An interpretive report will be provided.
Pleural fluid cholesterol concentrations 46 to 65 mg/dL are consistent with exudative effusions.
Cholesterol concentrations greater than 200 mg/dL suggest pseudochylous effusion.
Triglyceride concentrations greater than 110 mg/dL are consistent with chylous effusions.
Triglyceride concentrations less than 50 mg/dL are usually not due to chylous effusions.
Peritoneal fluid triglyceride concentrations greater than 187 mg/dL are most consistent with chylous effusion.
Cholesterol concentrations 33 to 70 mg/dL suggest malignant causes of ascites.
No significant cautionary statements
1. Hooper C, Lee YC, Maskell N: BTS Pleural Guideline Group. Investigation of a unilateral pleural effusion in adults: British Thoracic Society Pleural Disease Guideline 2010. Thorax. 2010;65(Suppl2):ii4-17
2. Staats BA, Ellefson RD, Budahn LL, et al: The lipoprotein profile of chylous and nonchylous pleural effusions. Mayo Clin Proc. 1980;55:700-704
3. Thaler MA, Bietenbeck A, Schulz C, et al: Establishment of triglyceride cut-off values to detect chylous ascites and pleural effusions. Clin Biochem. 2017;50(3) 134-138
4. Burtis CA, Ashwood ER, Bruns DE, Tietz NW, eds: In: Tietz Textbook of Clinical Chemistry and Molecular Diagnostics. 5th ed. Elsevier; 2012:1 (xviii, 2238)
5. Noble RP: Electrophoretic separation of plasma lipoproteins in agarose gel. J Lipid Res 1968;9:693-700
6. Sepiashvili L, Dahl AR, Meeusen JM, et al: A man with recurrent ascites after laparoscopic cholecystectomy, Clin Chem. 2017;63(7):1199-1203
7. Ellefson RD, Elveback L, Weidman W: Application of methods used for lipoprotein analysis: plasma lipoproteins of children and youths in Rochester, MN. DHEW Publication No. (NIH). 1978;78-1472
Samples are analyzed for qualitative interpretation of chylomicrons and plasma lipoproteins using a lipid specific Sudan black stain.(Package insert: Hydragel 7, 15 and 30 LIPO + Lp(a). Sebia Inc; 09/2019)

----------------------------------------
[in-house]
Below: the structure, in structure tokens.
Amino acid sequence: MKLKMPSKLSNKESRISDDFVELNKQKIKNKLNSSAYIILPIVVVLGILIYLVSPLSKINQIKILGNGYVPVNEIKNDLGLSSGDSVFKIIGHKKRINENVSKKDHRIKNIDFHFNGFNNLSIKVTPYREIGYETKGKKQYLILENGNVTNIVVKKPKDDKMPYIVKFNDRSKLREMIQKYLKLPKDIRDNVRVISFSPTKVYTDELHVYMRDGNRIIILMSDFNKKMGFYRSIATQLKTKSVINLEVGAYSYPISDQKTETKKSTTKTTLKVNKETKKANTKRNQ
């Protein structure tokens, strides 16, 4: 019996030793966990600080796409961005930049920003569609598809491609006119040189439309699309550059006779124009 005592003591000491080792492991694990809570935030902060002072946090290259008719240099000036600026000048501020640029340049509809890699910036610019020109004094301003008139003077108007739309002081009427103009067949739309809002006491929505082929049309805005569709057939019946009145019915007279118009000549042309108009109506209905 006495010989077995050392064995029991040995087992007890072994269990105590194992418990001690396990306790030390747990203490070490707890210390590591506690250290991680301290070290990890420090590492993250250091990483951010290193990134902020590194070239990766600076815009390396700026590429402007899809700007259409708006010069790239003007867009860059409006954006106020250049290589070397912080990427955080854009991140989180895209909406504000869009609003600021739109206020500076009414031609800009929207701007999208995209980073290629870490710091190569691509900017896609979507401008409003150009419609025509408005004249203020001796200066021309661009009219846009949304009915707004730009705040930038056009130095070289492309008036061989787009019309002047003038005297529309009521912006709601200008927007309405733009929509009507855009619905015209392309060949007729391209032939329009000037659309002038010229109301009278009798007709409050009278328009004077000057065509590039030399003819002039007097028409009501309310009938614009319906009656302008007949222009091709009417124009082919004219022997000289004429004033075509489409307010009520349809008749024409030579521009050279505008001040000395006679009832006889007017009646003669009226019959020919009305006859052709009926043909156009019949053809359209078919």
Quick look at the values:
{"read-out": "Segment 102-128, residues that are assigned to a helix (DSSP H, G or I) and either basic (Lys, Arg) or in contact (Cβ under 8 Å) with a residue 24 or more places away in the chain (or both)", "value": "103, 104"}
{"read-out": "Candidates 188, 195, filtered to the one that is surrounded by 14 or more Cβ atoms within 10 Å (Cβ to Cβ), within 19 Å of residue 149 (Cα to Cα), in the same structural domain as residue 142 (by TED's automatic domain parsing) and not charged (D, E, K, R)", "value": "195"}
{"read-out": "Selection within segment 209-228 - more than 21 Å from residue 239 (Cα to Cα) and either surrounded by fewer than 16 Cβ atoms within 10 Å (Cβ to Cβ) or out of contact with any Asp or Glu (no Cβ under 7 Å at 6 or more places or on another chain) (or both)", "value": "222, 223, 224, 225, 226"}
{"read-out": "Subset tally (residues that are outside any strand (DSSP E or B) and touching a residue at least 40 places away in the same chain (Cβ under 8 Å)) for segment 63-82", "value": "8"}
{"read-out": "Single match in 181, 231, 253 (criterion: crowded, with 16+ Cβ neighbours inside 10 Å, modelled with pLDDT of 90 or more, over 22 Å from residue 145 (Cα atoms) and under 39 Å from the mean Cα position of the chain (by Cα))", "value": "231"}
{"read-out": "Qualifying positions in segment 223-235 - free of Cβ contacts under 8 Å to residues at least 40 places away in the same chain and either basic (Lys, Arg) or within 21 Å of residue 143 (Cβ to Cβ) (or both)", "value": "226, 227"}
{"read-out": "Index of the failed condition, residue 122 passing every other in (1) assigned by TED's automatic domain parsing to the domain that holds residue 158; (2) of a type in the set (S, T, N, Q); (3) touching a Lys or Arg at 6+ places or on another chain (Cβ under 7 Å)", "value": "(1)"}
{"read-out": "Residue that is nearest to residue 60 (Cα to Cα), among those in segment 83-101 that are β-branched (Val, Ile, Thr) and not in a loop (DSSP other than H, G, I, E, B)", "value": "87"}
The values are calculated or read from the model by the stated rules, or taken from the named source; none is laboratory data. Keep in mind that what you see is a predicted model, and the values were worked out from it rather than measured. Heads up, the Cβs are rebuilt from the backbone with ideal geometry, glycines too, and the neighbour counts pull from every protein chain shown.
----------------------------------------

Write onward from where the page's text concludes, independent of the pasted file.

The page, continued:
Cholesterol esters are cleaved by the action of cholesterol esterase to yield free cholesterol and fatty acids. Cholesterol oxidase then catalyzes the oxidation of cholesterol to cholest-4-en-3-one and hydrogen peroxide. In the presence of peroxidase, the hydrogen peroxide formed effects the oxidative coupling of phenol and 4-aminophenazone to form a red quinone-imine dye. The color intensity of the dye formed is directly proportional to the cholesterol concentration. It is determined by measuring the increase in absorbance.(Package insert: Cholesterol Gen2 Reagent. Roche Diagnostics; V 13.0, 02/2019)
Samples analyzed for triglycerides are measured by an automated enzymatic method. The chemistry includes hydrolysis of the triglycerides and phosphorylation of the resulting glycerol.(Package insert: Roche Triglycerides Reagent, Roche Diagnostics; Corporation, Indianapolis, IN. V7.0, 07/2017)
Monday through Friday
This test has been modified from the manufacturer's instructions. Its performance characteristics were determined by Mayo Clinic in a manner consistent with CLIA requirements. This test has not been cleared or approved by the US Food and Drug Administration.
82664-Electrophoretic technique, not elsewhere specified (Chylomicrons and lipoproteins)
84311-Spectrophotometry, analyte not specified (Cholesterol)